“I think this project maybe got conflated with other ones that people are looking at and asking whether or not we have learned the lessons we needed to learn before we engage in something like this,” he said. “My hope is we’re just taking a step back to look at this and make sure everyone is on board with how we’re going to proceed.”
In a follow-up letter in February 2022, Risch and Graham thanked the USAID chief for providing more information but asked the agency to stop all work on DEEP VZN. USAID, they wrote, “does not exercise the level of control over its grantees and sub-grantees that research of this nature surely requires, and has not adequately considered the national security implications of its efforts to identify and characterize pathogens with pandemic potential.”
In May, Risch wrote a third letter to Power, thanking her agency for working to address his concerns and adding stricter safeguards to DEEP VZN, but he said he remained concerned that USAID still doesn’t have enough oversight and control over the organizations that carry out its projects.
“Even if that level of control could be attained over the coming days, weeks, months, or years – which is highly unlikely – I remain unconvinced that hunting novel viruses would or should ever fall within the core competency of the U.S. government’s lead development agency.”
Rep. Cathy McMorris Rodgers, R-Spokane, has led additional oversight of virus-hunting programs as chair of the House Energy and Commerce Committee, which has jurisdiction over biomedical research. McMorris Rodgers has requested information on the subject from USAID, the Government Accountability Office, the National Institutes of Health and the Centers for Disease Control and Prevention, but she did not call for DEEP VZN to be terminated.
On Friday, McMorris Rodgers announced that the Department of Health and Human Services had notified her panel that the department had debarred the Wuhan Institute of Virology for 10 years, a move she called “long overdue” in a joint statement issued with other GOP members of the committee.
Guy Palmer, WSU’s senior director of global health and a professor of pathology and infectious diseases, said he and his colleagues met with staff from the offices of McMorris Rodgers and Washington’s Democratic senators, Patty Murray and Maria Cantwell, as well as Risch’s staff. The WSU team was confident they could address the lawmakers’ concerns about DEEP VZN, Palmer said, and was disappointed when USAID decided to end the project.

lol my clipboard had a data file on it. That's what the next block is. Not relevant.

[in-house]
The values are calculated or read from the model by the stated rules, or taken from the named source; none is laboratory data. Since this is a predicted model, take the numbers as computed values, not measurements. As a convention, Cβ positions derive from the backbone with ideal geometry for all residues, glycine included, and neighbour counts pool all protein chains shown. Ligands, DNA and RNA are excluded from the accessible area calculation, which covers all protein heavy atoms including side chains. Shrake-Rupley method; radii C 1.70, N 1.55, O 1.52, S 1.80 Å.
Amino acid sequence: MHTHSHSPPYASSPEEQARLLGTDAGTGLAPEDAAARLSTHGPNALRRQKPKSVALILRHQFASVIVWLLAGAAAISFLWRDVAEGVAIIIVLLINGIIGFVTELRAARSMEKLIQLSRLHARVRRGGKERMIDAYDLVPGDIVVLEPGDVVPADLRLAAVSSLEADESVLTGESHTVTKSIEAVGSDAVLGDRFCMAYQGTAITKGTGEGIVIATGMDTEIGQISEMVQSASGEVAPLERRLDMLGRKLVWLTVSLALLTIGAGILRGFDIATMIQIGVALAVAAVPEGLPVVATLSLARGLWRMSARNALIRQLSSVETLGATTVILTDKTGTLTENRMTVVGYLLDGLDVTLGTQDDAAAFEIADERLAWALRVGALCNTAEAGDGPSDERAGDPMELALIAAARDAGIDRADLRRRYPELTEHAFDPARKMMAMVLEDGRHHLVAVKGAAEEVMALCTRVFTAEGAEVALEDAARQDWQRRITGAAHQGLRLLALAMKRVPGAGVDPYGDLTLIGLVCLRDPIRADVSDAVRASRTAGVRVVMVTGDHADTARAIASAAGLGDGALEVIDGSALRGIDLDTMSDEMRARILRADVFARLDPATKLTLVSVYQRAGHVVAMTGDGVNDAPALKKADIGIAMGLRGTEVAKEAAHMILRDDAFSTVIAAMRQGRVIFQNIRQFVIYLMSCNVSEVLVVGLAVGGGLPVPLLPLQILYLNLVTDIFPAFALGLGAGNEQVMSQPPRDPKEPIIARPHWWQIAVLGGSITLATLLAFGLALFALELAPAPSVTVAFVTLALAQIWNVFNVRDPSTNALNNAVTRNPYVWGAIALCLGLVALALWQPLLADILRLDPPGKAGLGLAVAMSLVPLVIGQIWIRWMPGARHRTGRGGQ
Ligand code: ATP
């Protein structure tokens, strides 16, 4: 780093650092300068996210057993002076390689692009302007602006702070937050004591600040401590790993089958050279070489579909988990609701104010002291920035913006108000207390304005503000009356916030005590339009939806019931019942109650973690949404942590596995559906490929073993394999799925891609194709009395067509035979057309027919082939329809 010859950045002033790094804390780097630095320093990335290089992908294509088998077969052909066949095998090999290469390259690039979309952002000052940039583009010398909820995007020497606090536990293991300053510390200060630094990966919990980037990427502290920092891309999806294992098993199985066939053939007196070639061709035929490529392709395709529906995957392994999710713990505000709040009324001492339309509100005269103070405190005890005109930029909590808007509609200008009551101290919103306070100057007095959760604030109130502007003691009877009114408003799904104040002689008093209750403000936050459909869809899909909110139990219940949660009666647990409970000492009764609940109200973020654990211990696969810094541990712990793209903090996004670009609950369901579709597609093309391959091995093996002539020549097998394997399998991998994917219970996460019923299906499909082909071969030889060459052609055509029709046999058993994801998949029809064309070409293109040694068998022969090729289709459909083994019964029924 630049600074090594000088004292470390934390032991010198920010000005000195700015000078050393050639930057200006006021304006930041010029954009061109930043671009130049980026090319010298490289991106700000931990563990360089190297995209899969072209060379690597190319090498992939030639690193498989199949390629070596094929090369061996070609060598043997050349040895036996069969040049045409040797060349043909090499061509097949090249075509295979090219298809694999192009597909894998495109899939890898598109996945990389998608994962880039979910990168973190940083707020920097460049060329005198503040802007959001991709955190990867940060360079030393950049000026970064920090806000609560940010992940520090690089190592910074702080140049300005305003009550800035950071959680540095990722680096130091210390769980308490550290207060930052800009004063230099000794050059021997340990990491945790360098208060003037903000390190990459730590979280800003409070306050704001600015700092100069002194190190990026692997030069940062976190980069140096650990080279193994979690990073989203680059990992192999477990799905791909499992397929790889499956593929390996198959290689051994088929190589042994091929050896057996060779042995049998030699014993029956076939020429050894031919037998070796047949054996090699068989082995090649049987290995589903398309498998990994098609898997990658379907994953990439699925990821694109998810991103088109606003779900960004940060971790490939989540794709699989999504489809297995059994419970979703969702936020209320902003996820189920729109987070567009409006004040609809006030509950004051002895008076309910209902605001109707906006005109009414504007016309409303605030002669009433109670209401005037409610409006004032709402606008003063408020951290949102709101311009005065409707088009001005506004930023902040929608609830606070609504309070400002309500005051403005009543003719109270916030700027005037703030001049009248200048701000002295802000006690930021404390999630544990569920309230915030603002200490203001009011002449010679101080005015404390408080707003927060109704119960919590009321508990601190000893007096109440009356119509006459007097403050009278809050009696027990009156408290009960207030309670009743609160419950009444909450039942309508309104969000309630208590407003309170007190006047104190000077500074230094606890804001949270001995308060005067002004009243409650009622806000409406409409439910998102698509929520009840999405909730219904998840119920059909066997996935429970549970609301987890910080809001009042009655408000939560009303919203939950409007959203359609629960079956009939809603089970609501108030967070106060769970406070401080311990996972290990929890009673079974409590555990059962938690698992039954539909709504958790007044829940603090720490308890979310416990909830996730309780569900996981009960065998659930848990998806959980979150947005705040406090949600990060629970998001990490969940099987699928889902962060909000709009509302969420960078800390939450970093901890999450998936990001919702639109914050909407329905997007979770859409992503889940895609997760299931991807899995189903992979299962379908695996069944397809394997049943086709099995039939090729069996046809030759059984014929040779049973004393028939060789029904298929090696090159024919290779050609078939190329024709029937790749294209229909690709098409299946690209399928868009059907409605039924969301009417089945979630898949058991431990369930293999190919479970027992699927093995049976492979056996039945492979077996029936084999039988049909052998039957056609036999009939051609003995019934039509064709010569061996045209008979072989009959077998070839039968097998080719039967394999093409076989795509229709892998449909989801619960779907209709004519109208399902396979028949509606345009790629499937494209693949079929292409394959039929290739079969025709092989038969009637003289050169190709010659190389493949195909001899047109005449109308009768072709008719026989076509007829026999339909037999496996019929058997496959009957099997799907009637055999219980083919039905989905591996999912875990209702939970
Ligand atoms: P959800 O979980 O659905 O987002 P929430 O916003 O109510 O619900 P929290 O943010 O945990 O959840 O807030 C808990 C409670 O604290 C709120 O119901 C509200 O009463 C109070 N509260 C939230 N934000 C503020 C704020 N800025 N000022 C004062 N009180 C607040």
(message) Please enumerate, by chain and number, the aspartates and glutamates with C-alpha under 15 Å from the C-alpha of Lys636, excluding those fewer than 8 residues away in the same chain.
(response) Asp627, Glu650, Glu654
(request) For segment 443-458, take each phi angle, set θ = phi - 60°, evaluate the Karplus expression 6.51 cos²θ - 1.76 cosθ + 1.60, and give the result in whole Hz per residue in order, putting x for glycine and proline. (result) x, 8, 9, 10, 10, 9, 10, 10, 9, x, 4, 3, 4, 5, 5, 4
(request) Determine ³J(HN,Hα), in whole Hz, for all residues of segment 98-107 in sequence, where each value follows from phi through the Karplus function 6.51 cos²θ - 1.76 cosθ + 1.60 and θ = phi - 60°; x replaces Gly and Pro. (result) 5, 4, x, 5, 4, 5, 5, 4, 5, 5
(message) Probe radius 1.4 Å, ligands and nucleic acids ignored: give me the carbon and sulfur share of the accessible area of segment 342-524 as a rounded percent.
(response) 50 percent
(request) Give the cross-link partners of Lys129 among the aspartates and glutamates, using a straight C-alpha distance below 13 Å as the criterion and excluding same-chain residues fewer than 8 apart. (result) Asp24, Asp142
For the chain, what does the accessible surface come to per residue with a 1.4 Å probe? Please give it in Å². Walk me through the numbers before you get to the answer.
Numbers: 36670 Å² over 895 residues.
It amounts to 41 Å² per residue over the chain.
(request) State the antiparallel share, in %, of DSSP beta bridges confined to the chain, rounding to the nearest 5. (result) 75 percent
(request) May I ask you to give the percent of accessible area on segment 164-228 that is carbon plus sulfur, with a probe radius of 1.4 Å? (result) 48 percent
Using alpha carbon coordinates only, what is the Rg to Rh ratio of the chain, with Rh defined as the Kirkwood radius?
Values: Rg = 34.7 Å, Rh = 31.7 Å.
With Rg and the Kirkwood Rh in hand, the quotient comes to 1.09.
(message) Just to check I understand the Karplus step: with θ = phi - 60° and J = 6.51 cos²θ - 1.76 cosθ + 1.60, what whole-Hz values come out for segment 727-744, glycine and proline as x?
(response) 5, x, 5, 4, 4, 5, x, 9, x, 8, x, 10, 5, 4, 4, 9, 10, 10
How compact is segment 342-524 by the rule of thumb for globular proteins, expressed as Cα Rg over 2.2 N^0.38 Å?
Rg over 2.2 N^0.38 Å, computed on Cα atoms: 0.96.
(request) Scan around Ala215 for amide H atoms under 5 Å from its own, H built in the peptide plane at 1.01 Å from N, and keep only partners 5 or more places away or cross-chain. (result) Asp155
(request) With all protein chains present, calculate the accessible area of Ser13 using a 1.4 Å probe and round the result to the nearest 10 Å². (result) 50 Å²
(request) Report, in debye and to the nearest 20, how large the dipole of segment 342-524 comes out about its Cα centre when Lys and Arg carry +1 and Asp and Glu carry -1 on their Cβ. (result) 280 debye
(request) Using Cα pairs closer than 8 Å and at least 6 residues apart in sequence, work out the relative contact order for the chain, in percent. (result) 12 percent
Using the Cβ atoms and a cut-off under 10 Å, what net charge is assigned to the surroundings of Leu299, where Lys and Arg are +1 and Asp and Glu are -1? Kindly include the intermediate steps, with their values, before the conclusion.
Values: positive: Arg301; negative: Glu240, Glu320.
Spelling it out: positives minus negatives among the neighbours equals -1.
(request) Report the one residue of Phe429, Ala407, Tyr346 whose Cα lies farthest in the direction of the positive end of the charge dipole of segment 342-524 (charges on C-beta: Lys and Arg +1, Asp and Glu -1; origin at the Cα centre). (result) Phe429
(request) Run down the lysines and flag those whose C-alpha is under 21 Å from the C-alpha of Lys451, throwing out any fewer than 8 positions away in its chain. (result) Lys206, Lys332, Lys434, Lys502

“This doesn’t really affect our commitment to pandemic preparedness and our global programs,” Palmer said, adding that WSU will remain one of 10 government-funded centers for research in emerging infectious diseases.
“It’s disappointing for us, because I think there’s a strong need for U.S. leadership in biosafety and biosecurity and safe and secure data management. Just because we don’t do it doesn’t mean that another country won’t.”
Kawula said the Chinese government continues to seek out novel viruses, but without the safety and transparency standards WSU researchers hold themselves to.
While DEEP VZN was terminated before the researchers began collecting samples, Kawula and Palmer said they had already developed plans for biosafety, biosecurity and secure and transparent data management that they hope will strengthen disease surveillance in the five partner countries.
That capacity is important, Palmer said, because it helps identify potential threats early enough to prepare – for instance, by canceling elective hospital procedures to make room in intensive-care units.
He cited the example of the omicron variant of COVID-19, which was identified in South Africa in November 2021, roughly a month before the first case appeared in the United States and caused a surge in infections.
But not everyone in the field agrees that the risk is worth the benefits. In April, the leader of an earlier virus-hunting project funded by the U.S. government in Thailand – where researchers were repeatedly bitten by bats – told the Washington Post he believed the work was too dangerous, even with safety measures in place. The researcher told the paper he still supports surveillance of viruses circulating among humans but not seeking out previously unknown viruses that could infect people as a result of the research.
“Whenever you collect any sample, there is some level of risk,” Kawula said, emphasizing that DEEP VZN was largely about helping researchers around the world minimize that risk while doing work intended to save lives.
Most virus samples would have been collected from dung or other sources that don’t require catching live animals, he said.
“It’s a calculus, and I think everybody probably has maybe a different benchmark,” Kawula said. “I don’t think finding a dead animal is what should be our sentinel that we have a disease outbreak.”
Palmer said he hopes the termination of DEEP VZN isn’t the end of U.S.-backed efforts to identify viruses before they infect humans.
“I have great confidence that not only WSU, but U.S. institutions in general, can do this in a safe and effective manner better than other countries. We have that level of expertise, and it’s acknowledged globally.”